I’m a sucker for motivational teaching books, such as the brilliant Teaching Like a Champion by Doug Lemov and Norman Atkins. This may have something to do with the not-so motivational atmosphere in our staffroom. After spending break-time avoiding the mood hoovers it’s nice to read something in the evening that makes me go “YESS!!!”
The book is split into 49 simple but effective techniques, here are some of my favourites:
1. No Opt Out – “dunno” is not an acceptable answer, get the pupil to find the correct answer, get another pupil to tell him, you tell him, tattoo on your forehead, whatever it takes, but don’t leave it at “dunno”, get the pupil to give you the correct answer themselves, even if they’re repeating what their friend said. I also get them to do it again in our end of lesson review.
6. Begin with the end – start by planning the long-term objectives, then the assessment, then the lesson, then the activities.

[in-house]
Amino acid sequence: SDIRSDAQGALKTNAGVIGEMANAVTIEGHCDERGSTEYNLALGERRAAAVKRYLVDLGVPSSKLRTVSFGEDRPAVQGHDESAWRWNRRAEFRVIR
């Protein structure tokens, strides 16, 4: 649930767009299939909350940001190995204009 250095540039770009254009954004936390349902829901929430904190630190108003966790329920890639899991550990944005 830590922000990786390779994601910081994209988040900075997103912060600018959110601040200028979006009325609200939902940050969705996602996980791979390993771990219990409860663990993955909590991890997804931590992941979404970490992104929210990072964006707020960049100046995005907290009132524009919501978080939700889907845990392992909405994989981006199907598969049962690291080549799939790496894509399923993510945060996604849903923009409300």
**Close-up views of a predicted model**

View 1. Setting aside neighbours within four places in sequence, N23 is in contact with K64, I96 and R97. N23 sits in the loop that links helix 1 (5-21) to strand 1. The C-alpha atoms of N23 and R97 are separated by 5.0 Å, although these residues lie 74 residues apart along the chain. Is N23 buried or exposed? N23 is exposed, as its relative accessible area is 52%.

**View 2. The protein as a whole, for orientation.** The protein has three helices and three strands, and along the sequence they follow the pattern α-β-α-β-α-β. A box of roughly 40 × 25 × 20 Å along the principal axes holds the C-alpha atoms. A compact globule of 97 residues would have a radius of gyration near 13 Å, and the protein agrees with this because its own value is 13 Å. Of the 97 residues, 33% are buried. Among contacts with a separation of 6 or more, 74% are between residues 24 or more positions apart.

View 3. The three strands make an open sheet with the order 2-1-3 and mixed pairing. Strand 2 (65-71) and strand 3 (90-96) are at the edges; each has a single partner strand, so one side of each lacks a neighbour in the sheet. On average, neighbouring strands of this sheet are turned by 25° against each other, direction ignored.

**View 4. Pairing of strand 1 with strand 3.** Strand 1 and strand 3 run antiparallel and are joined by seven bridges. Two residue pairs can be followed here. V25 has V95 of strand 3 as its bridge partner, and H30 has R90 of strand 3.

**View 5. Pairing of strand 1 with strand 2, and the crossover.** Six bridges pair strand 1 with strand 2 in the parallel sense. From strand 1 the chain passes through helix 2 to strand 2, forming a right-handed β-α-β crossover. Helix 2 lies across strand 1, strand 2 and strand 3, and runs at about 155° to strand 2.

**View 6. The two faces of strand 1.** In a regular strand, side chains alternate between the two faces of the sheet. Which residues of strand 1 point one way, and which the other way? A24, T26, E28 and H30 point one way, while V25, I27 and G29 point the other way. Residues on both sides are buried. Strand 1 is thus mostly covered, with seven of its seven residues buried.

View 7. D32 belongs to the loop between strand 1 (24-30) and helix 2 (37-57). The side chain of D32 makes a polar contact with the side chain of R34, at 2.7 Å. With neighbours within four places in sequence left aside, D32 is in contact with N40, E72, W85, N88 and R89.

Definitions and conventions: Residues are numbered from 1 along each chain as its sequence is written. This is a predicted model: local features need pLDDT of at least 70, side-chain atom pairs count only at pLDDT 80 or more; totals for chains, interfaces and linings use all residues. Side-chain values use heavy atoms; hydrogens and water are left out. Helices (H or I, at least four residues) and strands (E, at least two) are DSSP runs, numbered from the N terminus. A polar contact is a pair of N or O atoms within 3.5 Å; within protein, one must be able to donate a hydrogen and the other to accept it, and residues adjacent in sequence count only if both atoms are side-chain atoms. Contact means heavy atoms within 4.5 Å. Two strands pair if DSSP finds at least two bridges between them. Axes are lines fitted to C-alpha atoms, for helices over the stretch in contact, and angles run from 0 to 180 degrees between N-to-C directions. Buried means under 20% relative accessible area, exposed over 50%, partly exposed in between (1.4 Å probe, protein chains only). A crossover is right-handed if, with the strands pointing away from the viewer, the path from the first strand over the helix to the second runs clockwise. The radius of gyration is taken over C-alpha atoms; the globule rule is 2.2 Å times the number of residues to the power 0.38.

12. Find the hook – what is the unique selling point of your lesson? How will you hook the students’ attention the minute they walk into class?
15. Circulate – as a teacher aim to break into the back half of the classroom territory within the first 10 minutes of class, let them know you can and will be everywhere.
20. Exit ticket – make each pupil answer a question, recall a new lexical item, explain something, before they can leave at the end of the class.
25. Wait time – give pupils enough time to answer, let them know how much time they’ve got, if they need more tell them you will ask someone else but will be coming back to them later.
29. Do it now – have a short activity on the board waiting for them when they arrive in class, so they always have something to be doing.
37. What to do – tell pupils what they should be doing, not what you don’t want them to do, be specific.
40. Sweat the details – if they’re not lining up correctly, wasting time handing out worksheets, not putting work away in the right place, do it again and again and again, time wasted in the first few lessons is saved 100-fold during the rest of the year.
There are loads of other great ideas, with simple explanations and examples. The book also has a DVD where you can see these techniques in practce in the classroom – unfortunately the kindle version doesn’t.
I would recommend it to newbies and oldies alike!